Future trends in M&A markets

Despite geopolitical and economic uncertainty, M&A activity remained stable during 2019. However, the data available for 2020 suggest activity will decline: the M&A market was driven in the past by factors such as the high liquidity of private equity funds, low interest rates, and expansion and growth as a business strategy.

What is certain is that the number of divestments in mature or unprofitable holdings will increase to make way for new approaches to core business or new ways of doing business.

Market conditions are becoming more challenging and the future is likely to be characterised by stressed and distressed M&A, which could favour solutions that take greater account of careful trading to counterbalance the increase in global uncertainty.

A global problem

The decline in the volume of transactions has affected not just Spain, but also international markets to one extent or another, including Europe, Asia and even the United States, which was, until recently, practically immune to these problems.

The difficulties that have curbed investor appetite at national level in recent months include the political stalemate, the fear of a foreseeable slowdown in the economy, and a decline in foreign investment. To this list we could also add factors of a more international nature, such as the trade war, increased protectionism and greater geopolitical tensions, leading to a decline in M&A operations globally.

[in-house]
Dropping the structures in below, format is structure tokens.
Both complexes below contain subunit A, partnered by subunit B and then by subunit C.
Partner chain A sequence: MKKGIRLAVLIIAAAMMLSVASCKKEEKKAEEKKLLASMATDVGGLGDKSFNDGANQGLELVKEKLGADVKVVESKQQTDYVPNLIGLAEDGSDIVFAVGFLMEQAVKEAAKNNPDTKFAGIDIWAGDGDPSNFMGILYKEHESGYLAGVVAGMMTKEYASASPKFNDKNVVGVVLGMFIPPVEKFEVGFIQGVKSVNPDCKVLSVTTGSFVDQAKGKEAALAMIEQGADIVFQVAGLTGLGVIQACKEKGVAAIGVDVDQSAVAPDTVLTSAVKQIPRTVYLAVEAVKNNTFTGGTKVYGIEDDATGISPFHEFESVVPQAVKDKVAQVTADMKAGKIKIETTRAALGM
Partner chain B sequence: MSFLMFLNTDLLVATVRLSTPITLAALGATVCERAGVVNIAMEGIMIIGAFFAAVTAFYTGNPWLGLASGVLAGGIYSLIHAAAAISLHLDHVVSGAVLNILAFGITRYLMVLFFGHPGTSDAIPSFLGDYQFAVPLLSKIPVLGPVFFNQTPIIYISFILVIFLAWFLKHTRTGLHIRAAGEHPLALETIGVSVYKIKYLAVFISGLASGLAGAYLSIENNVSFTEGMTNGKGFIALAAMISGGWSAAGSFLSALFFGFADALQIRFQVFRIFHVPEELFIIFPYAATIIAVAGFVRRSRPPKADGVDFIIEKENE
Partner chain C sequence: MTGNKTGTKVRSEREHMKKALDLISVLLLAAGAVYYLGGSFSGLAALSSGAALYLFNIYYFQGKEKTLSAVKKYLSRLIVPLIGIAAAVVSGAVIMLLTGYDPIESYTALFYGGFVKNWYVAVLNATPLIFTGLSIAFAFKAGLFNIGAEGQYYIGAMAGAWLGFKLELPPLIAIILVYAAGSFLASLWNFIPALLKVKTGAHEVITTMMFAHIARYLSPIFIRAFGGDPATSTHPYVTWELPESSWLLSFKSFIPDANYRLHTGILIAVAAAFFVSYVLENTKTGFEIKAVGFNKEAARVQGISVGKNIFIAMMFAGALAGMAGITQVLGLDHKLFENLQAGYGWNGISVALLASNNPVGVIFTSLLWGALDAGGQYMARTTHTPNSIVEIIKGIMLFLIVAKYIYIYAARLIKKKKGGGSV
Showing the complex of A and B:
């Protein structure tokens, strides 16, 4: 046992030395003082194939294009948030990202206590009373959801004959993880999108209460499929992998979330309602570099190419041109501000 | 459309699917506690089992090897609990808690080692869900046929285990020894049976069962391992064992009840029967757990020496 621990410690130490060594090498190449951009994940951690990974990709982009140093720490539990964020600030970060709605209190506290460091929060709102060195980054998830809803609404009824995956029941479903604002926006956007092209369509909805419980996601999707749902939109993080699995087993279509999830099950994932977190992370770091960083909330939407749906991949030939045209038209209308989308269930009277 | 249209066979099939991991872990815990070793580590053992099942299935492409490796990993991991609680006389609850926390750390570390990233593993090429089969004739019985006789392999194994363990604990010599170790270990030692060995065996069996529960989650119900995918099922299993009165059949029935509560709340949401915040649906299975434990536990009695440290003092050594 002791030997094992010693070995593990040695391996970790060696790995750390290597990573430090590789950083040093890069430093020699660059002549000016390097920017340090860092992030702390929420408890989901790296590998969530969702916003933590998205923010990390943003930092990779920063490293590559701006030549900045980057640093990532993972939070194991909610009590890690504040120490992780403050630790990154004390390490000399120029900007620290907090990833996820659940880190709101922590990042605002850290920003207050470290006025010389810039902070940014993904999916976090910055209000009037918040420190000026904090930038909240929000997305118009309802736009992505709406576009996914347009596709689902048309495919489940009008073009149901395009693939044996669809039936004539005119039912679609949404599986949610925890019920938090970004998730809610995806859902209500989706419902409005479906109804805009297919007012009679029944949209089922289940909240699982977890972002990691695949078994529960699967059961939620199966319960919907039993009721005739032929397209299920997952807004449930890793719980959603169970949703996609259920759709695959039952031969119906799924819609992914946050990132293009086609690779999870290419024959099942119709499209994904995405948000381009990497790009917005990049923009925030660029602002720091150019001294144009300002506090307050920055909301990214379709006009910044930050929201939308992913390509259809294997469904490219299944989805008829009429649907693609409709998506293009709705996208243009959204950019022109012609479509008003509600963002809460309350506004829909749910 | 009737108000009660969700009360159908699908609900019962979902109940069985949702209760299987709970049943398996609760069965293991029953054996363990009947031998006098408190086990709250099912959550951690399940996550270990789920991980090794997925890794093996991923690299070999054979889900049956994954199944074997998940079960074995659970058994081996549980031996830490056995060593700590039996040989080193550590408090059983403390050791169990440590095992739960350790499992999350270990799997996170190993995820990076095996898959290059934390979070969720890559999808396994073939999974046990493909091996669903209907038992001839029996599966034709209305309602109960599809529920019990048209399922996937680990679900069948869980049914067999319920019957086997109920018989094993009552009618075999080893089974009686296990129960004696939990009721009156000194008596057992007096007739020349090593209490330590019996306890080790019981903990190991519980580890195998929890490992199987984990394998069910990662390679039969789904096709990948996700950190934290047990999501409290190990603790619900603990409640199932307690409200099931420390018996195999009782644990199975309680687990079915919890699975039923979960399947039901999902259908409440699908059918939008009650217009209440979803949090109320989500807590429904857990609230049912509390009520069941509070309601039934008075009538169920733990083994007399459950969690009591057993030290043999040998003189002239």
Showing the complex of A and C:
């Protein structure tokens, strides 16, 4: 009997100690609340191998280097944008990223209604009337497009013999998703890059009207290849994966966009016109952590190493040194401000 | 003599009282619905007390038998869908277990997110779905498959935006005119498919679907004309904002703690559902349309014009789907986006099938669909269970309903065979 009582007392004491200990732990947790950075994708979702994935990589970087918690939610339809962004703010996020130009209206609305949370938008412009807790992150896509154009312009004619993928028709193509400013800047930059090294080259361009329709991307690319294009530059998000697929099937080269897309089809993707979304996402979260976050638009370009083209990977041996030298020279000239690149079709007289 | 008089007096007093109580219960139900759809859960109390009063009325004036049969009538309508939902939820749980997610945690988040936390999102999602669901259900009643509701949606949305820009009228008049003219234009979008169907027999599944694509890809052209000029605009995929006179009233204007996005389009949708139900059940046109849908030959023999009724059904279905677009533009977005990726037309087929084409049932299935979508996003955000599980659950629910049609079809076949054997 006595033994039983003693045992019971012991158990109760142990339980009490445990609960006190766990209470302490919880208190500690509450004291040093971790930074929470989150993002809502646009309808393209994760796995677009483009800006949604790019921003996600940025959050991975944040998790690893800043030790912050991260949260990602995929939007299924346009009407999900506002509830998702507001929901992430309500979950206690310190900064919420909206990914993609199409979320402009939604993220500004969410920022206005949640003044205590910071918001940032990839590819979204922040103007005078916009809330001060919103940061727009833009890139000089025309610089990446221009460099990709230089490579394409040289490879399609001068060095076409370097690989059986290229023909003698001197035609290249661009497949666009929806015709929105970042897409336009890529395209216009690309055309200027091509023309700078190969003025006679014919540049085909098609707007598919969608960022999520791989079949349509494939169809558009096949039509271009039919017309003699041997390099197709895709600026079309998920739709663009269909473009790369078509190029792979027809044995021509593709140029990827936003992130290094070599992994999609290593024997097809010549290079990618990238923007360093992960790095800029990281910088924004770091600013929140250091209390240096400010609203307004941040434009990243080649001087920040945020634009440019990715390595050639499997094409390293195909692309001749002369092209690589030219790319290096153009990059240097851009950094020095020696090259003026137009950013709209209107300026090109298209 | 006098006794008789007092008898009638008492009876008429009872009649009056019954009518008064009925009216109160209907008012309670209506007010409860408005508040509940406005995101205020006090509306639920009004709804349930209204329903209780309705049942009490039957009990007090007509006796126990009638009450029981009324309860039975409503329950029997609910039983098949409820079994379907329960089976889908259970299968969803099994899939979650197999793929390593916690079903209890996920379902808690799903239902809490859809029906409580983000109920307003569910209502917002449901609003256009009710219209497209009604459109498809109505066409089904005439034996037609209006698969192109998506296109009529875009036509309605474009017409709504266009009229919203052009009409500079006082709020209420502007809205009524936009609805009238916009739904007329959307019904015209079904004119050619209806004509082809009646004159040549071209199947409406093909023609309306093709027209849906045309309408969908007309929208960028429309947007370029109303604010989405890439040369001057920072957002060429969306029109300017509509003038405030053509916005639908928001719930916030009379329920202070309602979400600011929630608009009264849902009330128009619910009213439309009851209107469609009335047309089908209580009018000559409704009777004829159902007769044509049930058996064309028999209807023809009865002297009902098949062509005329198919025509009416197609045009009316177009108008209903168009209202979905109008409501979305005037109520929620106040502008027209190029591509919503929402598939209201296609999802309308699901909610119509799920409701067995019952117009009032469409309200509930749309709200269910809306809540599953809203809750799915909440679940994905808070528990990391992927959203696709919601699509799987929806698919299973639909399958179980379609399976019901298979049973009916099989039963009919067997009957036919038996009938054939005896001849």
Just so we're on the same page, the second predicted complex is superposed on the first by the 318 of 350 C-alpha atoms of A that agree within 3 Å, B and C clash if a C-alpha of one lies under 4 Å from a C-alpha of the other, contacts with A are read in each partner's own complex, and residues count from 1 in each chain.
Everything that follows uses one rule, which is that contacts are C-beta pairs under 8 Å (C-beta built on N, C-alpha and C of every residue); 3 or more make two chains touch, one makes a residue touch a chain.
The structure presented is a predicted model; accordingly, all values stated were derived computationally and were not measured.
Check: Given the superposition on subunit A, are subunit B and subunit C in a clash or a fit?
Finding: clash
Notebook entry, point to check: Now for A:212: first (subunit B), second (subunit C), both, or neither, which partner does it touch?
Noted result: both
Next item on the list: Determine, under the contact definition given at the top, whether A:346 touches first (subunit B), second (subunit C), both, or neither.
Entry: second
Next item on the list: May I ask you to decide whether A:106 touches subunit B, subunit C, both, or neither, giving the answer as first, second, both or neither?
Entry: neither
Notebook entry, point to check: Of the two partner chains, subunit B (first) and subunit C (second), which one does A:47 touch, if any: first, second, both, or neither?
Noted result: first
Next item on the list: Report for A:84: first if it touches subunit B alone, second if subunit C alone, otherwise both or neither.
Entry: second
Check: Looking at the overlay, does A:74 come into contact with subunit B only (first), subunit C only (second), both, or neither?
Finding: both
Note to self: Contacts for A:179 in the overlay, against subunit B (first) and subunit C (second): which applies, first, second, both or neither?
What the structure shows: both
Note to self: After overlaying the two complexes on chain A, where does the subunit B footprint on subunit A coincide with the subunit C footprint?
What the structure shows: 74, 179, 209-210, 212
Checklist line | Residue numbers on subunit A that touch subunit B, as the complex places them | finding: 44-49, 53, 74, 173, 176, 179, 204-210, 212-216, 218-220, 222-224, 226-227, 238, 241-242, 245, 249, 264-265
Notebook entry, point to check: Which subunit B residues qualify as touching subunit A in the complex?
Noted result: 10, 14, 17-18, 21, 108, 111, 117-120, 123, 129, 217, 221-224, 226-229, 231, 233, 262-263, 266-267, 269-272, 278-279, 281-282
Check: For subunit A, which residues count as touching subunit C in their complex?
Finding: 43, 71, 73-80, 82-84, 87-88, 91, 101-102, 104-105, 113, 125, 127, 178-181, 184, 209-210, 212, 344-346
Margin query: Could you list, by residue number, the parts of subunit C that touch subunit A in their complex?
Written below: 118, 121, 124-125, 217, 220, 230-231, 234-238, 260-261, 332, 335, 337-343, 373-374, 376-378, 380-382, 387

The recent fall in international securities markets due to the COVID-19 pandemic is impacting the amount of liquidity available, while buyers and sellers are increasingly unable to get together, as the limits on interpersonal relationships mean roadshows, meetings and new deals are not happening, effectively blocking the market.

The importance of having W&I insurance

Despite this decline, M&A operations continue to take place, and have, in fact, been boosted by the growth of transactional Warranty & Indemnity Insurance (W&I) or Contingency Insurance (CI). This is a service that is expected to continue growing in the coming financial years. It will be countercyclical, regardless of the volume of transactions.

In situations of uncertainty or negotiations between non-equal parties, an insurance solution can ease tensions, resolve specific issues and guarantee long-term insurance support. Anyone who has conducted such negotiations knows that M&A operations, by their very nature, involve a series of risks and that taking out insurance can help mitigate those risks, transferring them to third parties, thus helping to bring the two sides to a final agreement.

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